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Comment: Dear friends, This article was written many years ago. Though I still stand by some of what I wrote regarding the importance of individuals taking responsibility for their actions, avoiding wastefulness and assessing what it truly means to be “adult” - I must agree with the root of Ms. Claire’s January 28, 2004 post. The tone of my 2001 article was indeed sanctimonious. In fact - I would go further and say it was down-right judgmental, arrogant and self-righteous. My decision (as a young man) to avoid the senior prom was my right and my choice... just as the decisions many of my high-school peers made to attend the event was “their right” and “their choice”. Neither of us hurt each other at the time by our choices. However, my choice - many years later - to publicly write about my high school senior prom in a manner which judged the actions and intentions of others, was a wrong choice that slandered my old high school peers. I may not have been intoxicated with wine at my high school prom in 1990, but I was inebriated with spiritual pride and dogmatic vigor when I wrote about the prom 11 years later. In my mind now, another decade since the article was published - I like to hope I have found some degree of spiritual sobriety. Shortly after seeing the article on-line in 2002, I re-wrote the piece and asked that it be re-published, which never happened unfortunately. Since that time, it’s presence on line in various circles, has been a constant reminder to me of my own weaknesses as a writer and as a human being who claims to respect the individual spiritual and life journeys of others. All I may offer now, these many years later, is this little public apology for my arrogance at the time I strung this article together. To those who may have found the article to their liking - I’m glad. Some of you, no doubt, may have used the article to try and explain to your own children why you would rather not have them attend a social event like the high school prom. Some of you may have used the article to validate your own reasons for boycotting your high school prom. However, I must state that: although we may personally not understand or appreciate some cultural events that others hold dear, we must be careful that our opinions about them are not thrown (as in my article) like self-reighteous arrows. “To you your accountability for the way you choose to live, and to me my accountability to the way I choose to live.” - Qur’an. Perhaps one important part of adulthood is growing to recognize our weaknesses and accept responsibility for the harms we have caused to others. If it is, I’d like to hope I have indeed “grown up a little” over the years, or at least gained a little wisdom. With peace, Dawud Wharnsby Abbottabad, Pakistan April 2010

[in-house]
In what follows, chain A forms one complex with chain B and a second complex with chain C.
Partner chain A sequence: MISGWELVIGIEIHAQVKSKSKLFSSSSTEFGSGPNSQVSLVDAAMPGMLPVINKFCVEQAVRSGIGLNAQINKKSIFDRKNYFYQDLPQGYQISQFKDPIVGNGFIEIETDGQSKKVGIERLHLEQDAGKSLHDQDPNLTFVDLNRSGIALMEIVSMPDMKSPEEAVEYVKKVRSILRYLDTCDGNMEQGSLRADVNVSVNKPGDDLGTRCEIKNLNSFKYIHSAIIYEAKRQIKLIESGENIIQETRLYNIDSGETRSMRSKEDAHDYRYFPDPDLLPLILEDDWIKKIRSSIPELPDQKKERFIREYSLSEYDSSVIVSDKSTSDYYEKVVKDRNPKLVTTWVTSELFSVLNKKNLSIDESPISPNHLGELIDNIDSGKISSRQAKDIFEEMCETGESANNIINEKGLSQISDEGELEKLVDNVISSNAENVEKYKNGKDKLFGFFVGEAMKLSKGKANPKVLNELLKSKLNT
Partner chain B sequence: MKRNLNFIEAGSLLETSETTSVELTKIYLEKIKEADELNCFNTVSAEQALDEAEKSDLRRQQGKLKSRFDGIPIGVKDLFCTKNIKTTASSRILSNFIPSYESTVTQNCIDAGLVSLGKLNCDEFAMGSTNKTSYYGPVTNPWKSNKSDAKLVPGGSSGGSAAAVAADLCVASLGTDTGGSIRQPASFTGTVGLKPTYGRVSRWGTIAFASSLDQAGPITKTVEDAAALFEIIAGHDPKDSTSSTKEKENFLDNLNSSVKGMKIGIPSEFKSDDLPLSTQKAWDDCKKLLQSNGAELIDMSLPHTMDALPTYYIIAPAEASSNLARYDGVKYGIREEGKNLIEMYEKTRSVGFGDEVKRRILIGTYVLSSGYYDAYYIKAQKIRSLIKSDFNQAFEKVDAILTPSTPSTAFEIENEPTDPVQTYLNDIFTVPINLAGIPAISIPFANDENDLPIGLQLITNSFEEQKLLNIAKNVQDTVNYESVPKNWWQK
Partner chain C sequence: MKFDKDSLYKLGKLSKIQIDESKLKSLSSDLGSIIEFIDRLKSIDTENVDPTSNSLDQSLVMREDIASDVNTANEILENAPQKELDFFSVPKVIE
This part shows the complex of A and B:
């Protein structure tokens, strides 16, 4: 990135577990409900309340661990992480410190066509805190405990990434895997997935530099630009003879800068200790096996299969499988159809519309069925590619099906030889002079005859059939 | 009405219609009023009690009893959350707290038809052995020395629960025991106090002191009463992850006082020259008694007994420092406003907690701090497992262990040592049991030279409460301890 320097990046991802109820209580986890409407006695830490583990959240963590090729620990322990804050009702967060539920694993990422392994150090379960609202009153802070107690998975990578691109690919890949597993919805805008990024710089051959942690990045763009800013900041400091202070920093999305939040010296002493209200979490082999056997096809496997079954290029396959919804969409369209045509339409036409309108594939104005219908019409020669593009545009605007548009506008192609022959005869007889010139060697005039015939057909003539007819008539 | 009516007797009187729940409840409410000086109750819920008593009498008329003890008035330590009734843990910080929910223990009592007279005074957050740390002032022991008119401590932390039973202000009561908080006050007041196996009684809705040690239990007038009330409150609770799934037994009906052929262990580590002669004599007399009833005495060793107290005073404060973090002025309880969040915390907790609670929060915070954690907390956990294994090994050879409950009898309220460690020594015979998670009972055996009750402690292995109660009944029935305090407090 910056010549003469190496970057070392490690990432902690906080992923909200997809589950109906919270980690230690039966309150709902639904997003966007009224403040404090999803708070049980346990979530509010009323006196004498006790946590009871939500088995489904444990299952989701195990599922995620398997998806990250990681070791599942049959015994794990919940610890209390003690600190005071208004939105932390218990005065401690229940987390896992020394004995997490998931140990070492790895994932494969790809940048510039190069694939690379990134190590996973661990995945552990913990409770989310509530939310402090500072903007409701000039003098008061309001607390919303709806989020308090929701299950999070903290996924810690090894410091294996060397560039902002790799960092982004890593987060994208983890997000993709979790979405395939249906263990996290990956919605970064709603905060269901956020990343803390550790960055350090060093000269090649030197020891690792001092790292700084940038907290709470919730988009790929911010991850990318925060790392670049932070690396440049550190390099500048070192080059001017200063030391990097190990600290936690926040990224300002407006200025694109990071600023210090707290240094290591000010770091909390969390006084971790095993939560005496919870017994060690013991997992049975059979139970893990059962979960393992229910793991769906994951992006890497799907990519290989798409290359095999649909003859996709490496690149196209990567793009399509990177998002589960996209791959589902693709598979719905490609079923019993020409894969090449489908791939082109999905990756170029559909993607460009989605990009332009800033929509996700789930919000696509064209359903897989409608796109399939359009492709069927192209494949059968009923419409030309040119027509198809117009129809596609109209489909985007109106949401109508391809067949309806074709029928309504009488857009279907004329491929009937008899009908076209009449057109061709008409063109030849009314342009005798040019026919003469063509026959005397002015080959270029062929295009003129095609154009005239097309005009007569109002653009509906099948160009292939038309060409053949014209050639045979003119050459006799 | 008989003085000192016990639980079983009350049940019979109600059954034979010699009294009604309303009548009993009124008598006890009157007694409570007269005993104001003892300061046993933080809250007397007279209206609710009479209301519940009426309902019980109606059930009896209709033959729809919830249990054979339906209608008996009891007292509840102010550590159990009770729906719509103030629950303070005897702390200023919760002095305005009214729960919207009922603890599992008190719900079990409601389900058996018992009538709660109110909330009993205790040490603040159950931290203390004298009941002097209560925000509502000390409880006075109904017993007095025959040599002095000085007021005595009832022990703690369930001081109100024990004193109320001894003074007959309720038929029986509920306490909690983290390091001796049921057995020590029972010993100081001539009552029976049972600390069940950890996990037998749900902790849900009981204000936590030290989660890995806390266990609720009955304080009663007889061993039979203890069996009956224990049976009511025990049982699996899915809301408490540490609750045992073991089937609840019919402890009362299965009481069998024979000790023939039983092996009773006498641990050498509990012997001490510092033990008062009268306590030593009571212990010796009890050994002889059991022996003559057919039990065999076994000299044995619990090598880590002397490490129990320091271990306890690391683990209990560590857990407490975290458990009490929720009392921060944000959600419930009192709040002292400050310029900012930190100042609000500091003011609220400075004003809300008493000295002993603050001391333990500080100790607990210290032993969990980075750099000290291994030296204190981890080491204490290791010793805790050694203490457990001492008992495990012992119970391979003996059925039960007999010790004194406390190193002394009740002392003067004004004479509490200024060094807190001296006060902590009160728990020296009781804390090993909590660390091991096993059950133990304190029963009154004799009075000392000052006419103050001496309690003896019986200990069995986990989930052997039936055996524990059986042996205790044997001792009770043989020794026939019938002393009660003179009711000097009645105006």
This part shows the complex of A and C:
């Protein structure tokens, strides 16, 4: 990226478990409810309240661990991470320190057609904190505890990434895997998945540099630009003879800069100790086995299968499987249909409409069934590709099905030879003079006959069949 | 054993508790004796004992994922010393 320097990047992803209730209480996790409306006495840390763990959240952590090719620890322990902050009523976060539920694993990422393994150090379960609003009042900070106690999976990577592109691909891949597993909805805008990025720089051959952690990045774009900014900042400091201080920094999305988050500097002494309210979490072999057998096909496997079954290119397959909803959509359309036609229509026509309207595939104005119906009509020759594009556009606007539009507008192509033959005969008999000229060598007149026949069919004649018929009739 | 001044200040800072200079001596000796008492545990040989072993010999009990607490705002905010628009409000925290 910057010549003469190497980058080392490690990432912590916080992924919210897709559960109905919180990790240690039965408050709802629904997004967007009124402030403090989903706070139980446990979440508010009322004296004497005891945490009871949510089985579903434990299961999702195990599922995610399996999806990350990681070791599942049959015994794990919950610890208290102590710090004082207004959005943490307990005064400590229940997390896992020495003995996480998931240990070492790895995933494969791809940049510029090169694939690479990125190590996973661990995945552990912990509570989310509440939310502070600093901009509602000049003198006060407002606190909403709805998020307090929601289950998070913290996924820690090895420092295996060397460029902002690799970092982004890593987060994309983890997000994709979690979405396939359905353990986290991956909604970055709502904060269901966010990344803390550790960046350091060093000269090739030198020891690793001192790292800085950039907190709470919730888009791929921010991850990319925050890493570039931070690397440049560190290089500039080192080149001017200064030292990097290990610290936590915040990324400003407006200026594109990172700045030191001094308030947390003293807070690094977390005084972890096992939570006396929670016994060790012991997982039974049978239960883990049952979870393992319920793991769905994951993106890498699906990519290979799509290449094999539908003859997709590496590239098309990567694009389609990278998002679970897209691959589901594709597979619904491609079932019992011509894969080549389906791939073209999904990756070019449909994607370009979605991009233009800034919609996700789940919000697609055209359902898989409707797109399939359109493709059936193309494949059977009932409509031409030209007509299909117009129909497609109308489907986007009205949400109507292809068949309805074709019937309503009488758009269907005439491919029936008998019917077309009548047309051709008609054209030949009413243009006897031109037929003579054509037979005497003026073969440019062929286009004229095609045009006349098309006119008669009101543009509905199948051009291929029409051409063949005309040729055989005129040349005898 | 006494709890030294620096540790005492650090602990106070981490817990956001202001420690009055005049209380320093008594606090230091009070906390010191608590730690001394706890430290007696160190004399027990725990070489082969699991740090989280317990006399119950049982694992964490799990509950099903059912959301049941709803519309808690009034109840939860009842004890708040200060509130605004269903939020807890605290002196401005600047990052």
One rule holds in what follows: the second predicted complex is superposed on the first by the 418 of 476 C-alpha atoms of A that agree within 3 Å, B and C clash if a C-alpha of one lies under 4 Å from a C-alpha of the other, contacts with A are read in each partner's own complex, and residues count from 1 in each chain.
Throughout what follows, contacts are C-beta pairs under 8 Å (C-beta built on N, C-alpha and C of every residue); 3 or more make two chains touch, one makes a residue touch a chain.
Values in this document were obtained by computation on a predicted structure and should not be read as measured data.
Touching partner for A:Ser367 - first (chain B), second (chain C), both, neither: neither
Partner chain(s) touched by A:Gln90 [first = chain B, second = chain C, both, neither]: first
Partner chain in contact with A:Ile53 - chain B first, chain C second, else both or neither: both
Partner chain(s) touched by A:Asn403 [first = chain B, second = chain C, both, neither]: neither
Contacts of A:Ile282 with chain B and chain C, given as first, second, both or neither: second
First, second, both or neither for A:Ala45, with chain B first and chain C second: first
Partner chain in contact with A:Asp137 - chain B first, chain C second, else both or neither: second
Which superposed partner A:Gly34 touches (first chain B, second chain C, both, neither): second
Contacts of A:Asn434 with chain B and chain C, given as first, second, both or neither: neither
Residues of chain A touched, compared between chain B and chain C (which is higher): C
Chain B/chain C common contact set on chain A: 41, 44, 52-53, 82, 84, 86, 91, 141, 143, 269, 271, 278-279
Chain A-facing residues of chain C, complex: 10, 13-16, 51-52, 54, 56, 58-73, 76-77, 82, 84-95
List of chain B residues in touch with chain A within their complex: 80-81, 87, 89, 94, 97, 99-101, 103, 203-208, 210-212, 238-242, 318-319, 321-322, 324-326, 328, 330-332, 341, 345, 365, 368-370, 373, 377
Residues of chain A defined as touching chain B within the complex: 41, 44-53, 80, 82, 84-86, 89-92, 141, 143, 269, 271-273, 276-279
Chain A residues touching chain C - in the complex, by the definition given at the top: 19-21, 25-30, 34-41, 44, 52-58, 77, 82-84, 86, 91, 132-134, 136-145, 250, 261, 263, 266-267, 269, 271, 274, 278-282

Sidra, Karachi - wrote on 10/20/2009 10:06:12 AM